Government inaction on paid leave also reinforces the racial wealth gap. Already paid lower for the same work as their white peers, people of color are deeply impacted by inaccessible leave policies. Black women are the primary breadwinners for 70 percent of their families.[5] They’re also more likely than white women to leave or lose their jobs after birth.[6] By refusing to support black women in their careers, we create yet another structural barrier to push women of color out from opportunities for economic advancement.

Let’s take the anniversary of the FMLA to push Congress to give working families, and especially working moms, the relief they need. It is not just the smart thing to do, it’s the right thing. We cannot call ourselves a family-friendly country until we do so.

 


[1] https://equitablegrowth.org/research-paper/paid-family-and-medical-leave-in-the-united-states/?longform=true

[2] United States Department of Labor, Bureau of Labor Statistics, “Table 32. Leave benefits: Access,private industry workers,” National Compensation Survey, March 2018, https://www.bls.gov/ncs/ebs/benefits/2018/employee-benefits-in-the-united-states-march2018.pdf.

[3] https://www.hbs.edu/managing-the-future-of-work/Documents/The%20Caring%20Company%20-%2001.17.19.pdf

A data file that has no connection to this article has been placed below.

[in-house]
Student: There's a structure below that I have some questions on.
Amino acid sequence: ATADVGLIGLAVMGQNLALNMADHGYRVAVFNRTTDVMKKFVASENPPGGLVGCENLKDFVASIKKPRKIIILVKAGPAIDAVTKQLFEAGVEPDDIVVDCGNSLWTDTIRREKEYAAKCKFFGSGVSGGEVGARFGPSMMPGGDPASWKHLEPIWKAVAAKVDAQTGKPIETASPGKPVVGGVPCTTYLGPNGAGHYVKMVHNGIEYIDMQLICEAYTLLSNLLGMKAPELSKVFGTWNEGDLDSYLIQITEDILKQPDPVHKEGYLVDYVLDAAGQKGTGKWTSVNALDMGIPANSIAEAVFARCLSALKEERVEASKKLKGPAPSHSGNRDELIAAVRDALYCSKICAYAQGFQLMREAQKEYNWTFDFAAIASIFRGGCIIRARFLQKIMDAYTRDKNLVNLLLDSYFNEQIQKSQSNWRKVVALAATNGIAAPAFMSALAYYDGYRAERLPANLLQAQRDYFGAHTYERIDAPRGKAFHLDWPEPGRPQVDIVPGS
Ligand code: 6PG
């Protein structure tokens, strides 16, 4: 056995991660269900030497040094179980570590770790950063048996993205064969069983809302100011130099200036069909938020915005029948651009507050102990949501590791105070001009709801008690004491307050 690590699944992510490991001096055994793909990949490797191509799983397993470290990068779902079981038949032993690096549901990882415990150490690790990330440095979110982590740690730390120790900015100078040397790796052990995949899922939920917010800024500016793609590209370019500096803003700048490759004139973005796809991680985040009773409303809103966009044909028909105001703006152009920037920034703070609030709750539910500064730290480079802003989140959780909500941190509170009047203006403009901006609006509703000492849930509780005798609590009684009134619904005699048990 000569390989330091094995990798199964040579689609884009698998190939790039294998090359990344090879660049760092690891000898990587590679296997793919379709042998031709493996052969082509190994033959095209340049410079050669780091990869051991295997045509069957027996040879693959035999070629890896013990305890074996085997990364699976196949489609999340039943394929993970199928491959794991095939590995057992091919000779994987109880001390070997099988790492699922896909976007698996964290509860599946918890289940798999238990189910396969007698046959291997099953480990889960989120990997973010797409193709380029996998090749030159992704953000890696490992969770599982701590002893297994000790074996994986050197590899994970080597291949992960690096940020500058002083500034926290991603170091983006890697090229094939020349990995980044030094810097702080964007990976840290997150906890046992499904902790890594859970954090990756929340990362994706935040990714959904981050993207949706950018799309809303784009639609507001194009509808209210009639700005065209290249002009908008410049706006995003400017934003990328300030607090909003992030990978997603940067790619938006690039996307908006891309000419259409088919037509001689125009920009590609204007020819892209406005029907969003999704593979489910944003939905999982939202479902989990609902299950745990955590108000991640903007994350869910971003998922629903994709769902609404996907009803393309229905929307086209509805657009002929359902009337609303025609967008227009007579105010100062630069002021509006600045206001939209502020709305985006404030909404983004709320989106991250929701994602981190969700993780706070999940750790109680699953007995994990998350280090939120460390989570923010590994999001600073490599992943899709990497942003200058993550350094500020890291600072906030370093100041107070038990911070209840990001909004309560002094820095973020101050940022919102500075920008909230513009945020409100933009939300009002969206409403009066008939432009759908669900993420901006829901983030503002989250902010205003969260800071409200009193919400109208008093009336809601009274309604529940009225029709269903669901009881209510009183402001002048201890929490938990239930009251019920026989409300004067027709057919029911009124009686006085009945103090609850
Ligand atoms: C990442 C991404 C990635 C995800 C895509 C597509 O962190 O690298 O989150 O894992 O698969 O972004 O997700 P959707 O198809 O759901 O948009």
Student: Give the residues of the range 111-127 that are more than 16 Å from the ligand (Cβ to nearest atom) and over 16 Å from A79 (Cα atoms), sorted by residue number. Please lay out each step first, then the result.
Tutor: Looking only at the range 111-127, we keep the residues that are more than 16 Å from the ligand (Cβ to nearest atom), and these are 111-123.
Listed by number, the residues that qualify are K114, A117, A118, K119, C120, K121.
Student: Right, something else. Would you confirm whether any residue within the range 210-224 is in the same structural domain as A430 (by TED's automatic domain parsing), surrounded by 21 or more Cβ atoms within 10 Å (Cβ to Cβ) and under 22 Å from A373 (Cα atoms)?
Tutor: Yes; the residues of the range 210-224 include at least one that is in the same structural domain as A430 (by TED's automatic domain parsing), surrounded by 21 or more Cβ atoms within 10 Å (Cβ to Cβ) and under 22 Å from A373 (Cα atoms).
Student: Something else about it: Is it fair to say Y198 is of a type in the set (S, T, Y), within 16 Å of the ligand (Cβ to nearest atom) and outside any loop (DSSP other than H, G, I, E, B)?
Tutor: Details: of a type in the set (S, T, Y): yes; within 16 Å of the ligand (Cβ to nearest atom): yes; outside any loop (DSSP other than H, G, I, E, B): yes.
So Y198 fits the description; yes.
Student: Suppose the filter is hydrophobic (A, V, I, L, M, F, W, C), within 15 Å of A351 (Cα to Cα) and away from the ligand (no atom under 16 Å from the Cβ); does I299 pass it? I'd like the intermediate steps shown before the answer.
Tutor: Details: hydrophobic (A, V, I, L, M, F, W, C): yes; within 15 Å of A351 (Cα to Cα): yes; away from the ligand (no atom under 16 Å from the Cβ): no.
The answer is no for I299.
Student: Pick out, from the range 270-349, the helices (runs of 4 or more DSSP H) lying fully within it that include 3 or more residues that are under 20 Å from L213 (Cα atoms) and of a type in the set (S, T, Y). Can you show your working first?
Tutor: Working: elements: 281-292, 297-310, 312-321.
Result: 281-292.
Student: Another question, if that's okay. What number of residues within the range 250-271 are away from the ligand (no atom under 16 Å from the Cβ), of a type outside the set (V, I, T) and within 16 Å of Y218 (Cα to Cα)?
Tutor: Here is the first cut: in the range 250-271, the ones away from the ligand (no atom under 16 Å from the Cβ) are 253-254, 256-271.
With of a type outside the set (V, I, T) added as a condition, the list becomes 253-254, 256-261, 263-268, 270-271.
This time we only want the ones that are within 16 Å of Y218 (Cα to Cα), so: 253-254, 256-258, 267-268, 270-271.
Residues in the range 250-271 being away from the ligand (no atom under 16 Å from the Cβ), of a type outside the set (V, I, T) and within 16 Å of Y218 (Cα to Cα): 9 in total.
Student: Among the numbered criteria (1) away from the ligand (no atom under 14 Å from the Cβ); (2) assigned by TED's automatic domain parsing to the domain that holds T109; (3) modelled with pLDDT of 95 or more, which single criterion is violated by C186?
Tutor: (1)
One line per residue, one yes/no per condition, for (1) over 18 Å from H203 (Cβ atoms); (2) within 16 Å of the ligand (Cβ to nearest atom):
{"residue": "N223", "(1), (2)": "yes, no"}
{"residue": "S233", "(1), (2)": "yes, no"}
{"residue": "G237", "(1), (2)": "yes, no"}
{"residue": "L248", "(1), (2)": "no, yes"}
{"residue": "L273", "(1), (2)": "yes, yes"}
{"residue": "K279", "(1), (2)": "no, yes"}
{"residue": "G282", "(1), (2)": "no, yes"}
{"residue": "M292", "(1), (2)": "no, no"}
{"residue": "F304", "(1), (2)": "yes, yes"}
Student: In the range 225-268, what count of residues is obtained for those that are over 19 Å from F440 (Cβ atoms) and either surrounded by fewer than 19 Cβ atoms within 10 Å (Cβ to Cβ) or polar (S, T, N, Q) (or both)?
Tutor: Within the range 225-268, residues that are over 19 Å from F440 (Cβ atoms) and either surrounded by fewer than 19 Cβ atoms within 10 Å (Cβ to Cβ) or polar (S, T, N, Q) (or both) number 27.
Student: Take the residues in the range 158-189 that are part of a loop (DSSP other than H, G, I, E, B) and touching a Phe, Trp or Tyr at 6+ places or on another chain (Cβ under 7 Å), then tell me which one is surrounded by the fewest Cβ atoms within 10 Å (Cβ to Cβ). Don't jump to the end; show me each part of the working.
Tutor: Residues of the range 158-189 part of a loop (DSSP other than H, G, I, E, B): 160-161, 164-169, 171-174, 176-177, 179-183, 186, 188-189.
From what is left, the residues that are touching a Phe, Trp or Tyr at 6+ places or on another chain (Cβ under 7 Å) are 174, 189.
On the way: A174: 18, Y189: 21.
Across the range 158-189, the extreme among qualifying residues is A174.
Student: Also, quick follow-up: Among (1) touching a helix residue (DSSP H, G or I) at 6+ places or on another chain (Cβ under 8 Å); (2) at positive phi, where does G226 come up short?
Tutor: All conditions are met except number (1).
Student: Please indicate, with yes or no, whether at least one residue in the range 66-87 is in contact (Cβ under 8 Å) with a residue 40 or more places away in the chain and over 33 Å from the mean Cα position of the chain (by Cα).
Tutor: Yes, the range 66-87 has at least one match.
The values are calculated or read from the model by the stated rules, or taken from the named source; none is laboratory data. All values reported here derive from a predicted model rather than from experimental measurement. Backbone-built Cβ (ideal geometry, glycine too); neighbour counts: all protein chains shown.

[4] “Modern Family Index,” Bright Horizons, https://solutionsatwork.brighthorizons.com/~/media/BH/SAW/PDFs/GeneralAndWellbeing/MFI_2017_Report_v4.ashx

[5] Sarah Jane Glynn, Breadwinning Mothers. (taken from this link: https://www.clasp.org/sites/default/files/publications/2018/12/2018_pfmliscriticalfor_0.pdf)

[6] Lynda Laughlin, Maternity Leave and Employment Patterns. (taken from this link: https://www.clasp.org/sites/default/files/publications/2018/12/2018_pfmliscriticalfor_0.pdf)

New Congress, New Methods of Communication: Social Media’s Evolving Political Influence

New Congress, New Methods of Communication: Social Media’s Evolving Political Influence

Lindsay Hueston
January 31, 2019

Multiple progressive politicians have cemented a new way of campaigning and keeping constituents informed: showing their authentic selves online, as a means to engage with their constituents and a national audience more genuinely. The embrace of social media as a legitimate political tool reflects a changing dynamic in U.S. politics, one which favors real people and experiences over polished messages and canned rhetoric.